The following is excerpted from a column by Gregg Easterbrook on espn.com:
Because this is an election year, many states are campaigning for more federal money, and simultaneously boasting of how, unlike Washington, they nobly "balance" their budgets. Speaking recently on NPR, Governor Ted Strickland of Ohio, whose deficit will be about $1 billion this fiscal year, said his state urgently needed emergency aid from Washington. In the same interview Strickland complained about the federal deficit, declaring, "The federal government needs to become fiscally responsible." This points to a leading fallacy of American politics: the notion that states responsibly have balanced-budget requirements, while the federal government is the cause of all government deficits. Michael Dukakis in 1988, Bill Clinton in 1992 and George W. Bush in 2000 all boasted during their presidential runs that, as governors, they "balanced" their states' budgets. What nonsense! Most state budgets are "balanced" only in the sense that Washington gives large sums to state governments, shifting deficit spending upstream to the federal level.
In fiscal 2007, the federal government handed out $232 billion in routine operating grants to state governments -- a figure that excludes federal payments for Medicaid, a federally imposed but state-administered entitlement, and excludes special federal hurricane aide to Mississippi and Louisiana. The fiscal 2007 federal deficit was $163 billion. That is to say, if the federal government had not rained money on state houses, Washington's books would have shown a surplus rather than a deficit in the latest fiscal year. So the "fiscally responsible" thing for Washington to do would be to stop giving money to the states! Ohio, for example, received $6.2 billion in other-than-Medicaid federal money in fiscal 2007, toward an other-than-Medicaid state budget of about $31 billion. This means about 20 percent of the Buckeye State budget was billed to the federal taxpayer, making it appear Washington was overspending while Columbus was being careful and cautious with money. The same applies to nearly every other state, where only federal gifts make state budgets appear "balanced."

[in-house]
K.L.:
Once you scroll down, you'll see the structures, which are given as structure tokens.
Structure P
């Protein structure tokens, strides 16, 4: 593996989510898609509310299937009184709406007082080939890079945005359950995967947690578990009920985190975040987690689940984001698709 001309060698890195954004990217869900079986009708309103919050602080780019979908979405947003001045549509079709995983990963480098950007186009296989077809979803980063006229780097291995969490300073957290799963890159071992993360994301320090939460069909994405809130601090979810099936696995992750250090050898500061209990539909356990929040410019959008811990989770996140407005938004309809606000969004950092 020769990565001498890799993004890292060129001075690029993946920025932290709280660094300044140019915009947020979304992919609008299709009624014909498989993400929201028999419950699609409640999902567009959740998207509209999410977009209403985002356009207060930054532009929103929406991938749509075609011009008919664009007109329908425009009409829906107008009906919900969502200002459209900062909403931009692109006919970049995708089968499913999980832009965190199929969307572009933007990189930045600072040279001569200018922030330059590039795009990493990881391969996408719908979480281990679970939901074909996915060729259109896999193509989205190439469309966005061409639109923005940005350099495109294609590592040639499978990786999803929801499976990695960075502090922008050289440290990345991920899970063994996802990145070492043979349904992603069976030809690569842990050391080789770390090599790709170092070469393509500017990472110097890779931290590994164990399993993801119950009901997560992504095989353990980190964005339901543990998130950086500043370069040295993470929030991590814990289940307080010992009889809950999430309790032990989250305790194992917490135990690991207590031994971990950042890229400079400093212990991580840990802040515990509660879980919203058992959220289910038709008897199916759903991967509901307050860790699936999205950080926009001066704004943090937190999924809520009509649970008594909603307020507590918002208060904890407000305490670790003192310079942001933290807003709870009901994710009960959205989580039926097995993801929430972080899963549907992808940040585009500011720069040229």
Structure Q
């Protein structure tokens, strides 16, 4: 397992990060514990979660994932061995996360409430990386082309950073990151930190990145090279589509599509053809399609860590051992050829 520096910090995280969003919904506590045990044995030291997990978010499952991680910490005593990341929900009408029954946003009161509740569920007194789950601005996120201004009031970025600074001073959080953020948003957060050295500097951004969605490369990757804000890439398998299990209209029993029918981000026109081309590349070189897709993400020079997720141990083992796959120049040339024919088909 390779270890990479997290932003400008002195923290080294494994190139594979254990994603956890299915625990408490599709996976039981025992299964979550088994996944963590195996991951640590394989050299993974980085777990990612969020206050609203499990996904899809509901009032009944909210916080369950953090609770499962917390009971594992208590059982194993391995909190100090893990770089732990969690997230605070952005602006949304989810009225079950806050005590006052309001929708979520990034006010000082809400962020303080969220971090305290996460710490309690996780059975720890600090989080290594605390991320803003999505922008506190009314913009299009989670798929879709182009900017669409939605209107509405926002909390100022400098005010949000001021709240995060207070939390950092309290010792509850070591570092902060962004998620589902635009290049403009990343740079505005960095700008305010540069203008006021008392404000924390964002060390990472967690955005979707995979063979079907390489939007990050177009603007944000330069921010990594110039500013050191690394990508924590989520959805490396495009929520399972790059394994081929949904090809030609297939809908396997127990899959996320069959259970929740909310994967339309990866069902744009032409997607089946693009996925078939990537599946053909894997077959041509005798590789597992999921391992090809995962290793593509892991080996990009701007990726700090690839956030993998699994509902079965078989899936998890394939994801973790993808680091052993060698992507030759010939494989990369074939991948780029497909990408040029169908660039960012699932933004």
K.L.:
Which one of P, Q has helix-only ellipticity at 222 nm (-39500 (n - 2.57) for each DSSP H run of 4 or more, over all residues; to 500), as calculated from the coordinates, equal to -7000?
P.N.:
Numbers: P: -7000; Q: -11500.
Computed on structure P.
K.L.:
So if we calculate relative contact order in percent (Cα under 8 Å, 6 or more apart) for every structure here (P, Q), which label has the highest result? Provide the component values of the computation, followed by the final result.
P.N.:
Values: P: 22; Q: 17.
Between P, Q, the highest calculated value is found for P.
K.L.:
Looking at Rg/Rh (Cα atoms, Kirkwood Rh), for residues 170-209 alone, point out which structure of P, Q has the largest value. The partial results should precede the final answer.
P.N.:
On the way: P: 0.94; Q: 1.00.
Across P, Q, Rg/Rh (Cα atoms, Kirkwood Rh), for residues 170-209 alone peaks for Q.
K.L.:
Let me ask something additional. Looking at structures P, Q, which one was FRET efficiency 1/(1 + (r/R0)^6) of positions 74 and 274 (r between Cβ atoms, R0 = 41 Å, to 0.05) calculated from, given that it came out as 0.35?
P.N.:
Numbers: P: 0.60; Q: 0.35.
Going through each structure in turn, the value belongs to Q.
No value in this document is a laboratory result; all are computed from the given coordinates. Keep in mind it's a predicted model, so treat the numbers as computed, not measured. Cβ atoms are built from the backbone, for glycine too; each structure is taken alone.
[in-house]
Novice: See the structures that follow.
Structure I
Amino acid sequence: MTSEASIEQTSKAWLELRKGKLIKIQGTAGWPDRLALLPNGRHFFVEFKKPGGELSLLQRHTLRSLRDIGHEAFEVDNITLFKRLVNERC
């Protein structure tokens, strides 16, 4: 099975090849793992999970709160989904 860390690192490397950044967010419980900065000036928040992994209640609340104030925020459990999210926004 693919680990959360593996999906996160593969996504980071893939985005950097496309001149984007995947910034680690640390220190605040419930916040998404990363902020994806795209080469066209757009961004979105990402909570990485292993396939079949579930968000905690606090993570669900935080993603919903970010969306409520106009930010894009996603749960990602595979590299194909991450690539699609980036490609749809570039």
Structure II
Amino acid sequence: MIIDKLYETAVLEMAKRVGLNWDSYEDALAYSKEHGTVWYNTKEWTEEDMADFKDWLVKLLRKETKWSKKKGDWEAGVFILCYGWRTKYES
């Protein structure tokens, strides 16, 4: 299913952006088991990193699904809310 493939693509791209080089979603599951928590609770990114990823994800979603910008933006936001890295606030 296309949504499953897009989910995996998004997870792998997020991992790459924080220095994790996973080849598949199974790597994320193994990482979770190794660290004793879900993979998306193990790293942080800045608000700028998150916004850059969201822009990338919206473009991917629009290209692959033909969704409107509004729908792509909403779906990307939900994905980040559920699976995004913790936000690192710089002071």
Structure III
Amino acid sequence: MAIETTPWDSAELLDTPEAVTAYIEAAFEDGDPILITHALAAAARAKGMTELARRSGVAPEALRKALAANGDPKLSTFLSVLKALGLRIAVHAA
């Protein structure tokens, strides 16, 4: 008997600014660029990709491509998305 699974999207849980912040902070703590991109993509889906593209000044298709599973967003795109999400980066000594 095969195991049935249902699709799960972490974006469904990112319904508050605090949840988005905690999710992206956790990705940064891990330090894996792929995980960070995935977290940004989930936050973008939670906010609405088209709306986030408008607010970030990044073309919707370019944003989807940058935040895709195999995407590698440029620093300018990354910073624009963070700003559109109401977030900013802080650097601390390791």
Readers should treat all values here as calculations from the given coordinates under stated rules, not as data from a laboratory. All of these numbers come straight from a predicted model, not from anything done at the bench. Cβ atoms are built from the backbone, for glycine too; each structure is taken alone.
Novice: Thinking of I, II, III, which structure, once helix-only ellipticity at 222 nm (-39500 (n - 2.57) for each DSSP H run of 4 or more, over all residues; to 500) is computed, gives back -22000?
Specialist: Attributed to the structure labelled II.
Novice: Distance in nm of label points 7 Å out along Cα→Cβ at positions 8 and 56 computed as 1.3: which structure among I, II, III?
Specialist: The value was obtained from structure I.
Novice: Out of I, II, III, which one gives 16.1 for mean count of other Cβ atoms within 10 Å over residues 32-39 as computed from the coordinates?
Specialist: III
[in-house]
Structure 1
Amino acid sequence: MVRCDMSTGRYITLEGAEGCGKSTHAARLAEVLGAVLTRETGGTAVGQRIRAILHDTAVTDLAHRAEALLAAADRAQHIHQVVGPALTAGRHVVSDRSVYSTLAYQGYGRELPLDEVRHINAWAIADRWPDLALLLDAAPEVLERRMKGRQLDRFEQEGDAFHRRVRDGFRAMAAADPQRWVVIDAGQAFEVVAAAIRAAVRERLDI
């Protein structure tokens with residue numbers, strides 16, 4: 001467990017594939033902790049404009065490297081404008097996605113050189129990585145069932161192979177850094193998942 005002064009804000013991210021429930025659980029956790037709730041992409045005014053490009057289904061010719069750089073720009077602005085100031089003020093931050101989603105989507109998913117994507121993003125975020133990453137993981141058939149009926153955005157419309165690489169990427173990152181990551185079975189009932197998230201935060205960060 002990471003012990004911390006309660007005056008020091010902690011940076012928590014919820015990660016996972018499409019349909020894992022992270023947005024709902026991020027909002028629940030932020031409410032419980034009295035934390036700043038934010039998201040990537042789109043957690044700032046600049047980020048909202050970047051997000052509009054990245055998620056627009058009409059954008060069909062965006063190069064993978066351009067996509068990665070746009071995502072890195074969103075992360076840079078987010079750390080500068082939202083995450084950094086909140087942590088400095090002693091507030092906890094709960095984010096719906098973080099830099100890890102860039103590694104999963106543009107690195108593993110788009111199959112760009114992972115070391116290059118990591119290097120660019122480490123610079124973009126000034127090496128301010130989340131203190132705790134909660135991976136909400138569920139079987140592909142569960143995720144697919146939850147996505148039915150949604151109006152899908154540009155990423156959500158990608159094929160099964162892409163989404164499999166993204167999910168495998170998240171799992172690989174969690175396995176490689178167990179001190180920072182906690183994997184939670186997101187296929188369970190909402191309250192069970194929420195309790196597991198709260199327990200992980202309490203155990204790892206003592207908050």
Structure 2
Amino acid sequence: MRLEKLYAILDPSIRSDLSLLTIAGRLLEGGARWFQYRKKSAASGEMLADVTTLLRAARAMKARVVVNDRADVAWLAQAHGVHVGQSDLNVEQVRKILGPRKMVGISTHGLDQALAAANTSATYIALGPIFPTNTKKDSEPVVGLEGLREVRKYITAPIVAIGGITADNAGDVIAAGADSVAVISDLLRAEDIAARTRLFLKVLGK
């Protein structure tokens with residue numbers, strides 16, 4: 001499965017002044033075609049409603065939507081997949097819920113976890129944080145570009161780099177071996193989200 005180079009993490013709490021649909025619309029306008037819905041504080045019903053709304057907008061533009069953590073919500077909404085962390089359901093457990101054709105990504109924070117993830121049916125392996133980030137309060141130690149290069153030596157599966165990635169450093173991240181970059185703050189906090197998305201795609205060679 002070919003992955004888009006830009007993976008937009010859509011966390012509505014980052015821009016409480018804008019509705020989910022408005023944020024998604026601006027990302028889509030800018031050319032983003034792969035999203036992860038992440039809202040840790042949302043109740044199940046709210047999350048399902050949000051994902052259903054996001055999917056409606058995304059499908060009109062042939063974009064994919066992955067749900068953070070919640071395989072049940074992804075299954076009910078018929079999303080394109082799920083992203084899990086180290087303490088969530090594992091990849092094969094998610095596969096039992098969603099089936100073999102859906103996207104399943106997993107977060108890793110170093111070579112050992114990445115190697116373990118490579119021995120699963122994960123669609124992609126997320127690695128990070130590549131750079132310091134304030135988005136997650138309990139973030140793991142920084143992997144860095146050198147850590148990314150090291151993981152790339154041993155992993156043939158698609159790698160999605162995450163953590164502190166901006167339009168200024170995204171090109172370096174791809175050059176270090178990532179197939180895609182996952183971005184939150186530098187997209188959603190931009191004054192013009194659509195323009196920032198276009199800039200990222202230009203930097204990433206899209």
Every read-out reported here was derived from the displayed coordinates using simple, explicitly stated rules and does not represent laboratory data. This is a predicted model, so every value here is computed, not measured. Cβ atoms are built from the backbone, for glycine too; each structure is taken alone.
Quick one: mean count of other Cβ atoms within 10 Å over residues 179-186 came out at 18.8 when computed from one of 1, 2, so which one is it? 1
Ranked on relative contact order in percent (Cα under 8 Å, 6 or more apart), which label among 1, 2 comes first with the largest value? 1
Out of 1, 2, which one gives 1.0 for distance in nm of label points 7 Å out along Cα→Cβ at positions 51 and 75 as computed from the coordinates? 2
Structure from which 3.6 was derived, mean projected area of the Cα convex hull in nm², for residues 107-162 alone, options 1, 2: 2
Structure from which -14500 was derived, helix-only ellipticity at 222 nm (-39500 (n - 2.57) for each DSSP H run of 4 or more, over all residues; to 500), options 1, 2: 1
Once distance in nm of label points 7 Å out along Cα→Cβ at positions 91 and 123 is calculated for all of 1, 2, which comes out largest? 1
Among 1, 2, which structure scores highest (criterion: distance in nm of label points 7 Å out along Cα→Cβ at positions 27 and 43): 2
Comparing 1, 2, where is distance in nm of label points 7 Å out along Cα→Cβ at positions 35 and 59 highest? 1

The situation is basically a bookkeeping swindle. Today federal taxes seem excessive, while state taxes seem affordable, because state taxes don't pay the full cost of state government, while federal taxes fund considerably more than the cost of federal government. The bookkeeping switcheroo makes the federal government appear less cost-effective than it actually is, while causing state governments to appear more prudent in their spending than they actually are. For instance, since the early Ronald Reagan presidency, state government employment has been rising while federal government employment has been declining; yet because states bill so much of their costs to Washington, people think the states are cautious about money while Washington is spendthrift. If states simply raised all their own revenue, federal taxes would decline, the federal deficit would vanish, and state taxes would skyrocket. Then voters would be mad at governors while objecting less to Washington.
California projects a $16 billion deficit in fiscal 2009, much worse per capita than New York, with an expected $5 billion fiscal 2009 shortfall, or Arizona, at a projected $2 billion. Yet California has not taxed itself to cover the problem, expecting instead a federal bailout. When times were flush and tax revenues high from 2003 to 2006, California, New York, Arizona and other states now short of money did not save for a rainy day: They spent freely, and now demand that someone else cover the bill. So far, only Maryland has done the manly thing: raising state taxes to pay off its deficit on its own.
That's it. What do you guys think?